The latest analysis by the left-leaning Economic Policy Institute calculates that the CEOs of the largest 350 companies in the US out-earned their employees by a factor of 312:1 last year, the Guardian reported on Thursday:
The rise came after the bosses of America’s largest companies got an average pay rise of 17.6% in 2017, taking home an average of $18.9m in compensation while their employees’ wages stalled, rising just 0.3% over the year. The pay gap has risen dramatically, with some fluctuations, since the 1990s. In 1965 the ratio of CEO to worker pay was 20-to-one; that figure had risen to 58-to-one by in 1989 and peaked in 2000 when CEOs earned 344 times the wage of their average worker. …
The astronomical gap between the remuneration of workers and bosses has been brought into sharper focus by a new financial disclosure rule that forces companies to publish the ratio of CEO to worker pay. Last year, McDonald’s boss Steve Easterbrook earned $21.7m while the McDonald’s workers earned a median wage of just $7,017 – a CEO to worker pay ratio of 3,101-to-one. The average Walmart worker earned $19,177 in 2017 while CEO Doug McMillon took home $22.8m – a ratio of 1,188-to-one.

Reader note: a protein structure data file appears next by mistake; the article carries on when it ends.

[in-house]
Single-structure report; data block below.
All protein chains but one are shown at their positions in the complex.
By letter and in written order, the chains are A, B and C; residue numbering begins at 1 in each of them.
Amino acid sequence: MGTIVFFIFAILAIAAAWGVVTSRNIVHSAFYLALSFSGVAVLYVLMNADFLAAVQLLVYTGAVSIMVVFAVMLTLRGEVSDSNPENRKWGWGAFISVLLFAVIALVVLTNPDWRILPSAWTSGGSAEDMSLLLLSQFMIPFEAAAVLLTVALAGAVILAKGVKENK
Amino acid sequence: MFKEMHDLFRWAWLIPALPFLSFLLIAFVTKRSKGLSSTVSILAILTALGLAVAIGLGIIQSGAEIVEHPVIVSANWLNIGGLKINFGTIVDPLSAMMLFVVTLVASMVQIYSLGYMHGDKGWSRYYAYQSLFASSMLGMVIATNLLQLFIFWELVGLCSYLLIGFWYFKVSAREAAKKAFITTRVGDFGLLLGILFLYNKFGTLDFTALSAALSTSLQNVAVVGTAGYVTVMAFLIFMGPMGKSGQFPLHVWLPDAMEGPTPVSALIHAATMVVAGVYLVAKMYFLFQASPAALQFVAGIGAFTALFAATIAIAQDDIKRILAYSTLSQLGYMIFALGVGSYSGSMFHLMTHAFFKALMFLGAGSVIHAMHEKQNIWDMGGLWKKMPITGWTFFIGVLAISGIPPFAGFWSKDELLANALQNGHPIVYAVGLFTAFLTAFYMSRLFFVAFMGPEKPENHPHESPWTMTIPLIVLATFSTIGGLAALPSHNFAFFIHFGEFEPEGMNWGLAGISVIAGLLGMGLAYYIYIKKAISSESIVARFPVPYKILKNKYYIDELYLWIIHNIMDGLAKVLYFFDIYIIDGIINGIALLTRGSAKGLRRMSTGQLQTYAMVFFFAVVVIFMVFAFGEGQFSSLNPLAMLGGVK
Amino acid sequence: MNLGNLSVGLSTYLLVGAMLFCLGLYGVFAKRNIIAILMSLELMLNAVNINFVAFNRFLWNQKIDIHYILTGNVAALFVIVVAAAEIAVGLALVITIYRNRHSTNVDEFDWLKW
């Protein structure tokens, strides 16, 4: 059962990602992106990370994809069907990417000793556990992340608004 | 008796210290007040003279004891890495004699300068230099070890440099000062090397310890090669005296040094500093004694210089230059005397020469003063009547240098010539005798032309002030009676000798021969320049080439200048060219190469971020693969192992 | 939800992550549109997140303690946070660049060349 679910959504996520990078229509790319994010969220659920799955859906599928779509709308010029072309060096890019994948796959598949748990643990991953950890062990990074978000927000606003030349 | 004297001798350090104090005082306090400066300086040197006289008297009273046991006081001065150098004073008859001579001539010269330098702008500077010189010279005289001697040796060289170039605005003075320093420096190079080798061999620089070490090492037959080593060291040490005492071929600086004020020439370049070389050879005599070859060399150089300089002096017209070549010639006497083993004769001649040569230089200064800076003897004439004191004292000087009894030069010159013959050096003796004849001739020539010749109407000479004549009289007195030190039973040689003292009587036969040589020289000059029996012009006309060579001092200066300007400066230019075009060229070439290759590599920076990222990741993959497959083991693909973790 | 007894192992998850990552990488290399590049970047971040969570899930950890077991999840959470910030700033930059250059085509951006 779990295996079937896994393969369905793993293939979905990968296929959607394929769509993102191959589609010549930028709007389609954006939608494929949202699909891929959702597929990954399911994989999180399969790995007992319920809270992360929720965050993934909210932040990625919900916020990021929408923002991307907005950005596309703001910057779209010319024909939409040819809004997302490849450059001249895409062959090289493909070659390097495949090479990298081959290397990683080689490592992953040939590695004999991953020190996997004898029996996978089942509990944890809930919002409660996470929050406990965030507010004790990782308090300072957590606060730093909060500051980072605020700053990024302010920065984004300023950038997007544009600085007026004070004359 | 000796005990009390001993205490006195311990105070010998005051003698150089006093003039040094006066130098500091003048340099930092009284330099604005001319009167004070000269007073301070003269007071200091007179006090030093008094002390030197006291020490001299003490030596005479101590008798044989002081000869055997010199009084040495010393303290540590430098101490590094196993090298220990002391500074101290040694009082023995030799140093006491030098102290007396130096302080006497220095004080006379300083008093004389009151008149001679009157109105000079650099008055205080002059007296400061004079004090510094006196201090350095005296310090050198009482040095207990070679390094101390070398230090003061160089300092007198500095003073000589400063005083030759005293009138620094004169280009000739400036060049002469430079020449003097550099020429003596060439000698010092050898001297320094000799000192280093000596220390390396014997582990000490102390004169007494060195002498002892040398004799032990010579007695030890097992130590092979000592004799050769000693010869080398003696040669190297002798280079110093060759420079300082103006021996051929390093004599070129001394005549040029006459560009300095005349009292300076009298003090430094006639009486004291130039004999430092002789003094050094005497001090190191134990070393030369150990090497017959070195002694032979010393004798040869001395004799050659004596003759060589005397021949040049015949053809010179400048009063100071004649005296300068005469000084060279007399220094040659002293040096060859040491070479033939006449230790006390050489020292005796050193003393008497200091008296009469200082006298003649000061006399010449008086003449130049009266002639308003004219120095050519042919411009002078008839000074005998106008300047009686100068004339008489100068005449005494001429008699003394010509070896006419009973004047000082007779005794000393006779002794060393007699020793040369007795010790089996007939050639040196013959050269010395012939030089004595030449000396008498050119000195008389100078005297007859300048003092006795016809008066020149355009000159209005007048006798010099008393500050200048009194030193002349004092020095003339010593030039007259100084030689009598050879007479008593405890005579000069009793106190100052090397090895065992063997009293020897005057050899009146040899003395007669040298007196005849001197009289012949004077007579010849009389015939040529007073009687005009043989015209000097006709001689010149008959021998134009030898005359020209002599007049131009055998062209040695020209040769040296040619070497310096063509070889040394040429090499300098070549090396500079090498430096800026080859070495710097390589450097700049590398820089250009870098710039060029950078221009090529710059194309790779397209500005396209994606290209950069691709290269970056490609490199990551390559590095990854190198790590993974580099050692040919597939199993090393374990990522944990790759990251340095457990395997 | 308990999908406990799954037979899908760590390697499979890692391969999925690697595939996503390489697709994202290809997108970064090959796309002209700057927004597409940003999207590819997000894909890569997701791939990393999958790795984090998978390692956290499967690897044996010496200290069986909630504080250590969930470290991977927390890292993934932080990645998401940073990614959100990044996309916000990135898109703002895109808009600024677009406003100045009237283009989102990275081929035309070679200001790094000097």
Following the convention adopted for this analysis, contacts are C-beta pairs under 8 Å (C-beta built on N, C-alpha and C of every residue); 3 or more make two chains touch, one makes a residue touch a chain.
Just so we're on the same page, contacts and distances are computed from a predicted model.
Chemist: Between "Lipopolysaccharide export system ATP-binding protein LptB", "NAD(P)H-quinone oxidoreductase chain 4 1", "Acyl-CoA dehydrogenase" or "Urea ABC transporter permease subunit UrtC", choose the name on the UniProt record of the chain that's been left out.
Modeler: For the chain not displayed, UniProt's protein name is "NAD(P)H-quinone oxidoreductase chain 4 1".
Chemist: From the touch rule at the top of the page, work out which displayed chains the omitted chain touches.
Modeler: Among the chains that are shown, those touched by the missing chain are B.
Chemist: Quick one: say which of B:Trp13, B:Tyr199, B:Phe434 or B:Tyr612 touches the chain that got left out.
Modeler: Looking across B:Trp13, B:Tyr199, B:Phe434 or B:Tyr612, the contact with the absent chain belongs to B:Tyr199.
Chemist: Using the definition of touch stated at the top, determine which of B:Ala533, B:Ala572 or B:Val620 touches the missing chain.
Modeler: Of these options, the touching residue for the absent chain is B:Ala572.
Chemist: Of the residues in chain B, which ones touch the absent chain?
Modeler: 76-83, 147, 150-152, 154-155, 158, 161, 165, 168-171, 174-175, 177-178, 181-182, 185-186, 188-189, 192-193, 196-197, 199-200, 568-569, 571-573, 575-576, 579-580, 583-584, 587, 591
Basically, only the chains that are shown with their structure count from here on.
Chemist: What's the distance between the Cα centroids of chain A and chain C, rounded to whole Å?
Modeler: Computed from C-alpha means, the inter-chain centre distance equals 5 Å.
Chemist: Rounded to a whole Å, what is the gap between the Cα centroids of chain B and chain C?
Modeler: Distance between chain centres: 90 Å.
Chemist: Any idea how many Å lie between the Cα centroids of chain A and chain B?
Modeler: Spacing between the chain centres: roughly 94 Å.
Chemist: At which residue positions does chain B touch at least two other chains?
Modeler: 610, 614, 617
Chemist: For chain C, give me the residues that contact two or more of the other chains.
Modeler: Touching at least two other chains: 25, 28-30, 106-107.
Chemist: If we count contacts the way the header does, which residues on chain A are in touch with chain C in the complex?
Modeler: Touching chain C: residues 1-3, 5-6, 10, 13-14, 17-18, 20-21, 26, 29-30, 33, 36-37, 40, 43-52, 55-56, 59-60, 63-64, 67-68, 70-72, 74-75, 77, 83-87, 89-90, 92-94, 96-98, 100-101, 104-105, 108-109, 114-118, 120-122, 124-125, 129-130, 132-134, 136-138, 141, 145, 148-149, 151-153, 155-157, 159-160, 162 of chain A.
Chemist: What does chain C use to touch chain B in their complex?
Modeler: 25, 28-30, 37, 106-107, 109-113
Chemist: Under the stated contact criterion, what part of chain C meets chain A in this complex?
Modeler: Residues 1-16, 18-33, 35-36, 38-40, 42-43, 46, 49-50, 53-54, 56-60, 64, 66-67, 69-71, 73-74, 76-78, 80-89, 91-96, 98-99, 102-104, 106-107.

In the UK, meanwhile, new research by the CIPD and the High Pay Centre finds that the median CEO-employee pay ratio for FTSE 100 companies stood at 167:1 in 2017, rising from 153:1 the previous year:
Despite historically low levels of unemployment and high demand for labor, salary budget surveys for 2018-2019 suggest that US wages will grow on average by just about 3 percent both this year and next year, continuing a trend of lackluster raises despite labor market conditions that theoretically should push earnings higher. The WorldatWork 2018-2019 Salary Budget Survey projects a mean average wage growth of 3.2 percent and a median 0f 3.0 percent next year, little changed from 3.1 percent (mean) and 3.0 percent (median) in 2018.
Employers are continuing to devote a significant share of their salary budgets to variable pay, WorldatWork found, but these budgets also aren’t growing, SHRM’s Stephen Miller observes:
Some 85 percent of U.S. employers gave out performance-based bonuses or other forms of variable incentive pay in 2018, the survey shows, and the amount of variable pay budgeted and paid out, for all employee categories, has been stable for several years. When total rewards professionals were asked about their variable pay budgets for 2019, their responses were virtually unchanged from the amounts budgeted for this year and … for 2017.
Alison Avalos, director of membership and total rewards strategy at WorldatWork, tells Miller that one reason why these budgets aren’t increasing is that employers are increasingly using benefits to attract and retain talent instead of cash rewards, including intangible benefits like professional development opportunities and purpose-driven organizational cultures that align with employees’ personal values.